When Protecting Against Viruses
Protecting your family against infection and disease is a major challenge for every household and everyone involved in healthcare and the food industry, so it is important to know that the products you choose will give the right result, without compromising your health or the environment.
During the high of the Covid-19 Pandemic, Hand Sanitisers are in the news all the time, but unfortunately, there is a lot of misleading information floating around about what you should use.
Currently the best advice given by the WHO, the Government and, through the media, is to regularly wash your hands with soap & water. Then, in the next breath, you are advised that if soap & water is not available, you should use a hand sanitiser with at least 60% alcohol!
This simple, unqualified statement, is misleading people into believing that only alcohol based hand sanitisers will work, which is manifestly untrue. It's worth remembering that soap & water has no alcohol, yet it is the preferred hand cleansing method.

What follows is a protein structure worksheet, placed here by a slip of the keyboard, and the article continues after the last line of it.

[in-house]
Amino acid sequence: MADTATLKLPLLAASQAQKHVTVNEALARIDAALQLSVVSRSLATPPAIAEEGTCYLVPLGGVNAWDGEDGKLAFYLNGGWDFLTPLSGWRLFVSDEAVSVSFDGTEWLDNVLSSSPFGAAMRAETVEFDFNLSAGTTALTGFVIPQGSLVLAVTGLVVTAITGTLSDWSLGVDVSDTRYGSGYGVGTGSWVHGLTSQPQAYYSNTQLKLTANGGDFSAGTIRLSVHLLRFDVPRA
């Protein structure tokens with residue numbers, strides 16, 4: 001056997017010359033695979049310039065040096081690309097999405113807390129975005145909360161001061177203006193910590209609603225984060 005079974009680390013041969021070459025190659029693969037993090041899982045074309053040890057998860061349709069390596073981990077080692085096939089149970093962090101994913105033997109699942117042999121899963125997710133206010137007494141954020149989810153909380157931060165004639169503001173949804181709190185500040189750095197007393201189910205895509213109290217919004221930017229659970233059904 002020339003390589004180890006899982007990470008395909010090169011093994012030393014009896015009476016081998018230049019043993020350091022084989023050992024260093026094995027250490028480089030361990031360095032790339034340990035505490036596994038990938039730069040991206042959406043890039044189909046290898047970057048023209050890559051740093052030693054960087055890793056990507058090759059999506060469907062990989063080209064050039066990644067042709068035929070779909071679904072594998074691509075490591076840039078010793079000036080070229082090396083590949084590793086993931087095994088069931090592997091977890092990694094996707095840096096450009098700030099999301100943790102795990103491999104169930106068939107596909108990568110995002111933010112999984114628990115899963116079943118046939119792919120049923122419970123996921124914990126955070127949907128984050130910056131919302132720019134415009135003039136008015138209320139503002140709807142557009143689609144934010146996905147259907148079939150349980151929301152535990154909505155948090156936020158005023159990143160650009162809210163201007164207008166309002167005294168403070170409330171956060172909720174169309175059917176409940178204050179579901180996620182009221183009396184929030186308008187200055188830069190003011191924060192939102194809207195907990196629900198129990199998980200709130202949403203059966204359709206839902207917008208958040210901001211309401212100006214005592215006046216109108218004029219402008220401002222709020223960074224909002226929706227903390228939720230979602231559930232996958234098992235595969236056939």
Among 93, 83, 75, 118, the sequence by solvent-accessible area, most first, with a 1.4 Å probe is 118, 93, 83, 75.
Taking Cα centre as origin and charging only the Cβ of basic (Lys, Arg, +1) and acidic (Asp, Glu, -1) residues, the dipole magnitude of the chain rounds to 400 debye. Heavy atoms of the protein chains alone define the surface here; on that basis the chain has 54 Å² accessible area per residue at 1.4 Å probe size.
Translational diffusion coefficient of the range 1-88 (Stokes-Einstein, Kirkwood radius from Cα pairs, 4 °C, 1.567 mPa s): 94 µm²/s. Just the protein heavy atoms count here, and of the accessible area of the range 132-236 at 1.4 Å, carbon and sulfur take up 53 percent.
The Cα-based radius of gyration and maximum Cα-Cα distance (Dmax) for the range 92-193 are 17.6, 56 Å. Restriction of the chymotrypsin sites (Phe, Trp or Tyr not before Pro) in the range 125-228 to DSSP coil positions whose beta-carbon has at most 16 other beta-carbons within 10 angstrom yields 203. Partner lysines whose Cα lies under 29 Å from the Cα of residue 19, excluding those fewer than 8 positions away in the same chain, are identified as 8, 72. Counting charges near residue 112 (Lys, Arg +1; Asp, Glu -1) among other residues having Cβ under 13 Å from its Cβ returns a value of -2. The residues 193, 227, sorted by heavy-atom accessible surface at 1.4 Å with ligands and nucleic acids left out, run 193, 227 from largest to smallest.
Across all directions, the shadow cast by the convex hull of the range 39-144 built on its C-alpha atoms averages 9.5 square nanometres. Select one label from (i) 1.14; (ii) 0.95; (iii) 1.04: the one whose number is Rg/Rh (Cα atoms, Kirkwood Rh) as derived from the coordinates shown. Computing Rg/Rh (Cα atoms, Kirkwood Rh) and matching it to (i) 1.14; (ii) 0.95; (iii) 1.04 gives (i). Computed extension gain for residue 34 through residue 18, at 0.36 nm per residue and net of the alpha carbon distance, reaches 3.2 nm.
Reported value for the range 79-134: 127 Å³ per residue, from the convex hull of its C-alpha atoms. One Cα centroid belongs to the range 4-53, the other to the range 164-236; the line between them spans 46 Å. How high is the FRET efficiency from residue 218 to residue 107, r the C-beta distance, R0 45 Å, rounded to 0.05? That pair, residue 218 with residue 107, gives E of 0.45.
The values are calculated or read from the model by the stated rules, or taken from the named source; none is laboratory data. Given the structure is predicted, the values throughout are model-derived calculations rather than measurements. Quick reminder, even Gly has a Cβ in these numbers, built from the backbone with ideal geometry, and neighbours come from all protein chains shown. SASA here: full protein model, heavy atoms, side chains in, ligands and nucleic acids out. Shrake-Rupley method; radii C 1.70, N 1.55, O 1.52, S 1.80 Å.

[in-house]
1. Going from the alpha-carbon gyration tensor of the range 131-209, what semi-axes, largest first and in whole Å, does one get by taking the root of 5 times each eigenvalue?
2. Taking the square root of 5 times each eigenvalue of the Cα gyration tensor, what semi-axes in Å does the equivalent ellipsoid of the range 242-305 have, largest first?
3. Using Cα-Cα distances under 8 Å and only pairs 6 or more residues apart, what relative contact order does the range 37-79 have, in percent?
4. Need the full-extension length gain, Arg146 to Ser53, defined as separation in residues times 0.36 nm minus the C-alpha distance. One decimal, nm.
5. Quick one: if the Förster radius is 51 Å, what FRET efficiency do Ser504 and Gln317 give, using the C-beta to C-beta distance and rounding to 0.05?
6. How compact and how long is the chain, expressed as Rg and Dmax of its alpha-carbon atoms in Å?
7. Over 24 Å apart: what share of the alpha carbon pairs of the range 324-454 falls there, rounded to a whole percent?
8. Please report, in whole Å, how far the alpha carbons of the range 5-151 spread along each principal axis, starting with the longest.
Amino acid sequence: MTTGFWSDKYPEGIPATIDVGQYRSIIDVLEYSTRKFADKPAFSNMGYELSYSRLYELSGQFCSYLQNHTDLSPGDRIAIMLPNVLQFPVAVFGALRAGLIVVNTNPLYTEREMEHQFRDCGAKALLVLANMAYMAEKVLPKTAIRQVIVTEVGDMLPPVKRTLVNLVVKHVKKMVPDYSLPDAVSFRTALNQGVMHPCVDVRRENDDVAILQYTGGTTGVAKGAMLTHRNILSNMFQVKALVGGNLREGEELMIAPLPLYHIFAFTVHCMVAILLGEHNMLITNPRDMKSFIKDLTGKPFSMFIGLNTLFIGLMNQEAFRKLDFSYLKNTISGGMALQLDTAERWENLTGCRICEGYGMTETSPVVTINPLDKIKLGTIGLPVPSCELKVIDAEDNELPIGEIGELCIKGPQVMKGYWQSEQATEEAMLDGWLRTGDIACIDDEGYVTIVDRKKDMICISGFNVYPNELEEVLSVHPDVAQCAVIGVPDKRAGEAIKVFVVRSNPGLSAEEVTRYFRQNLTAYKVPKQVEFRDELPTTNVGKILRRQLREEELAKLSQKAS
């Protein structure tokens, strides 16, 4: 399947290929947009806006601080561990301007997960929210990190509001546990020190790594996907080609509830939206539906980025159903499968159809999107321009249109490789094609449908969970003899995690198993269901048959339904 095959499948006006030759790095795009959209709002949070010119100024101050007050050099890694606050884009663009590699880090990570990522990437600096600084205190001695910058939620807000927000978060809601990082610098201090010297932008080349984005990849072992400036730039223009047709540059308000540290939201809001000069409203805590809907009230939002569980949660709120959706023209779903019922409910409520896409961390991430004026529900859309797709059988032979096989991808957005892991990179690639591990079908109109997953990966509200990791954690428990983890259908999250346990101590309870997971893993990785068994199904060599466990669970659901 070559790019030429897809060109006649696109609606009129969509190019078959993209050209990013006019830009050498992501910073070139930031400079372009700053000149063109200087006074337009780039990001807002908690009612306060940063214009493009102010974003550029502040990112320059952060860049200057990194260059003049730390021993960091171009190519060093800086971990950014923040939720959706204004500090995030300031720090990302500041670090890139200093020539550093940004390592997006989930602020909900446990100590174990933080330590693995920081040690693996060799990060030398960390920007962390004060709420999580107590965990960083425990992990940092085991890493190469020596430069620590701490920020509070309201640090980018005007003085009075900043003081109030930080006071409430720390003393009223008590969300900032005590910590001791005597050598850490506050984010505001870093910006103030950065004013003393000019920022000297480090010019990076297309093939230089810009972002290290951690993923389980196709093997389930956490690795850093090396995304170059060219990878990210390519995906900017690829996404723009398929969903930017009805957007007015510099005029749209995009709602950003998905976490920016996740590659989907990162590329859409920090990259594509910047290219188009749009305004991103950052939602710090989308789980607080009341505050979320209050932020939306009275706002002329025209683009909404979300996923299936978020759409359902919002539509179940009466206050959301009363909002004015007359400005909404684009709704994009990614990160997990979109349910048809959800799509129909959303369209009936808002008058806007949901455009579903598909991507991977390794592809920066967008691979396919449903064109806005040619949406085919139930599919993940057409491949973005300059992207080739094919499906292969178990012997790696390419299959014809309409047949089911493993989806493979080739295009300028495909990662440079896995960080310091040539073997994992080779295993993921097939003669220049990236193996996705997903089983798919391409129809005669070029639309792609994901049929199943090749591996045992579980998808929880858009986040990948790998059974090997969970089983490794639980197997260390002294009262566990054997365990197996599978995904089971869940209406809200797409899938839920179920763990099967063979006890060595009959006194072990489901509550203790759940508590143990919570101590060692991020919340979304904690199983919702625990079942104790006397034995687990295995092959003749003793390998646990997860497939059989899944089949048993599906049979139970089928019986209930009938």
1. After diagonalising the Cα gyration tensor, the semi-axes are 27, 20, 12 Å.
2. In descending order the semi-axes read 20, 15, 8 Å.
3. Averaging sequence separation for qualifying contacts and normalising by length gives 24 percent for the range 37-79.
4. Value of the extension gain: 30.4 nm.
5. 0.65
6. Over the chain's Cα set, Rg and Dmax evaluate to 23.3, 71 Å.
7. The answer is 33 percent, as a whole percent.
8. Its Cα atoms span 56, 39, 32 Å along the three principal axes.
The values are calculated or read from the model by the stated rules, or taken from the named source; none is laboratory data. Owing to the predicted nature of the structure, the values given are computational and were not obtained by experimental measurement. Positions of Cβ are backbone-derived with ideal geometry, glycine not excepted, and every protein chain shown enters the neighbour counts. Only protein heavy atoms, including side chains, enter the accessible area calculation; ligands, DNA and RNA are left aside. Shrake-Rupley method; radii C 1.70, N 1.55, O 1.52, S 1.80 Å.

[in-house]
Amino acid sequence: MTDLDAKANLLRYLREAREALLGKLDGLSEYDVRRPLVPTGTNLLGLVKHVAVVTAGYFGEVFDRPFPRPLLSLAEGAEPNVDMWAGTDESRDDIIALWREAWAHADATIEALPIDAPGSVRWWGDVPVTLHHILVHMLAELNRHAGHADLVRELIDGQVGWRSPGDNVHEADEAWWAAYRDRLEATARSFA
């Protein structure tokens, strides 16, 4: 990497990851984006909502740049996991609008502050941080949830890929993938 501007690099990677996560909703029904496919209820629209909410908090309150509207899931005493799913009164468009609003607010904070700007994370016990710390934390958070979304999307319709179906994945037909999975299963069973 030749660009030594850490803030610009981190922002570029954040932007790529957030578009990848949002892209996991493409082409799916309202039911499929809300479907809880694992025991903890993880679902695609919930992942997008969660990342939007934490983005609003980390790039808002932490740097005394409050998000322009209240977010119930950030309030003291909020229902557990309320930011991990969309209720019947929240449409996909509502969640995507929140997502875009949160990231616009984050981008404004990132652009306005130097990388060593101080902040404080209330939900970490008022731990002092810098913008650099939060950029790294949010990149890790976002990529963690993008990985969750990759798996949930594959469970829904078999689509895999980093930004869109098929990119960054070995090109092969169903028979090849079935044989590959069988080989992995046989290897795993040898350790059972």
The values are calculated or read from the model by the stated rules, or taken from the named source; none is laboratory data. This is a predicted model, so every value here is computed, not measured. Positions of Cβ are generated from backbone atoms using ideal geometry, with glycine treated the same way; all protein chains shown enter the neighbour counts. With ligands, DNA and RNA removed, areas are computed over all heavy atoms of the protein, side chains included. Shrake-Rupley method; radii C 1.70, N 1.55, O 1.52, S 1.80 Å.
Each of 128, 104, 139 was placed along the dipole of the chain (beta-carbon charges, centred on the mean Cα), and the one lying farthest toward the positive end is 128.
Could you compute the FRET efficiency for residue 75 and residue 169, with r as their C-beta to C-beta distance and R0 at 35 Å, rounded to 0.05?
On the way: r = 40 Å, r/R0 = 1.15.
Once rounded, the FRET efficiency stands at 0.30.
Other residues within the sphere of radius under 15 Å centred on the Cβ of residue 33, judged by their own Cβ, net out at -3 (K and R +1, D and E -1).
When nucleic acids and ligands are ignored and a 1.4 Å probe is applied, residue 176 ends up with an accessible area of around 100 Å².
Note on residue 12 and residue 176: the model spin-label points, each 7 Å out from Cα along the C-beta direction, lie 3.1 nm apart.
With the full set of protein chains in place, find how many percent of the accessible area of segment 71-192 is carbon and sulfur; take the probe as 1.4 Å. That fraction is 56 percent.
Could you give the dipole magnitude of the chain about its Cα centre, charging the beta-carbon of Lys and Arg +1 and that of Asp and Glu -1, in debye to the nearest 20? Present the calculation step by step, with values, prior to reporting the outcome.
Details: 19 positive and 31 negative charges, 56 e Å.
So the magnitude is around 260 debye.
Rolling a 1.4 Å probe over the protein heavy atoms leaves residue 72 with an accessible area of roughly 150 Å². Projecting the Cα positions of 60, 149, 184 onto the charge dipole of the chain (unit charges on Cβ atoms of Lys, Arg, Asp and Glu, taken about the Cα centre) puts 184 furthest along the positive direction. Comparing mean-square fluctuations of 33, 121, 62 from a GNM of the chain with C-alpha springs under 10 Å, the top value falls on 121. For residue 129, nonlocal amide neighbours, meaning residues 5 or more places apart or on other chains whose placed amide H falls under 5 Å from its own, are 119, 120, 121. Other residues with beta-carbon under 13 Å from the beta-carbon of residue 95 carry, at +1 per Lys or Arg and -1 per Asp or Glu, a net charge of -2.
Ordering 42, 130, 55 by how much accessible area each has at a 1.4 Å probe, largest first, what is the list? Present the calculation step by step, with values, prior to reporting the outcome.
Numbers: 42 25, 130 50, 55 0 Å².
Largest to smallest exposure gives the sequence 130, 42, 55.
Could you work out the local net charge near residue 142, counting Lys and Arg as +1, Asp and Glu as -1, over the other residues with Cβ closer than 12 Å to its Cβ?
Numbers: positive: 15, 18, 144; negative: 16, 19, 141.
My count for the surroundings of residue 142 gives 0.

A 60% concentration is only true for true for alcohol based hand sanitisers, because they are not very effective. It does not apply to hand sanitisers that use alternative technologies.
Although Alcohol Based Hand Sanitisers (ABHS) have a proven track record in killing a wide range of pathogens, they are not the panacea that people are led to believe. Essentially, all viruses contain the following two components: 1) a nucleic acid genome and 2) a protein capsid that covers the genome. Together this is called the nucleocapsid. In addition, many animal viruses contain a 3) lipid envelope. The entire intact virus is called the virion.
According to the US Centres for Disease Control & Prevention (CDC), alcohol-based hand sanitisers are not effective against non-enveloped viruses, such as Norovirus, the leading cause of illness and outbreaks from contaminated food in the United States.
Researches in Germany, measured the virus-inhibitory effect of three types of alcohol (ethanol, 1-propanol, and 2-propanol) in vitro and in vivo with artificially contaminated fingertips. This study showed that ethanol and 1-propanol had higher log10 viral reduction values than did 2-propanol, which was not considered adequate by those authors. In one study of experimental human norovirus hand contamination liquid soap wash and water rinse were superior to ethanol-based sanitisers based on viral recovery through quantitative RT-PCR.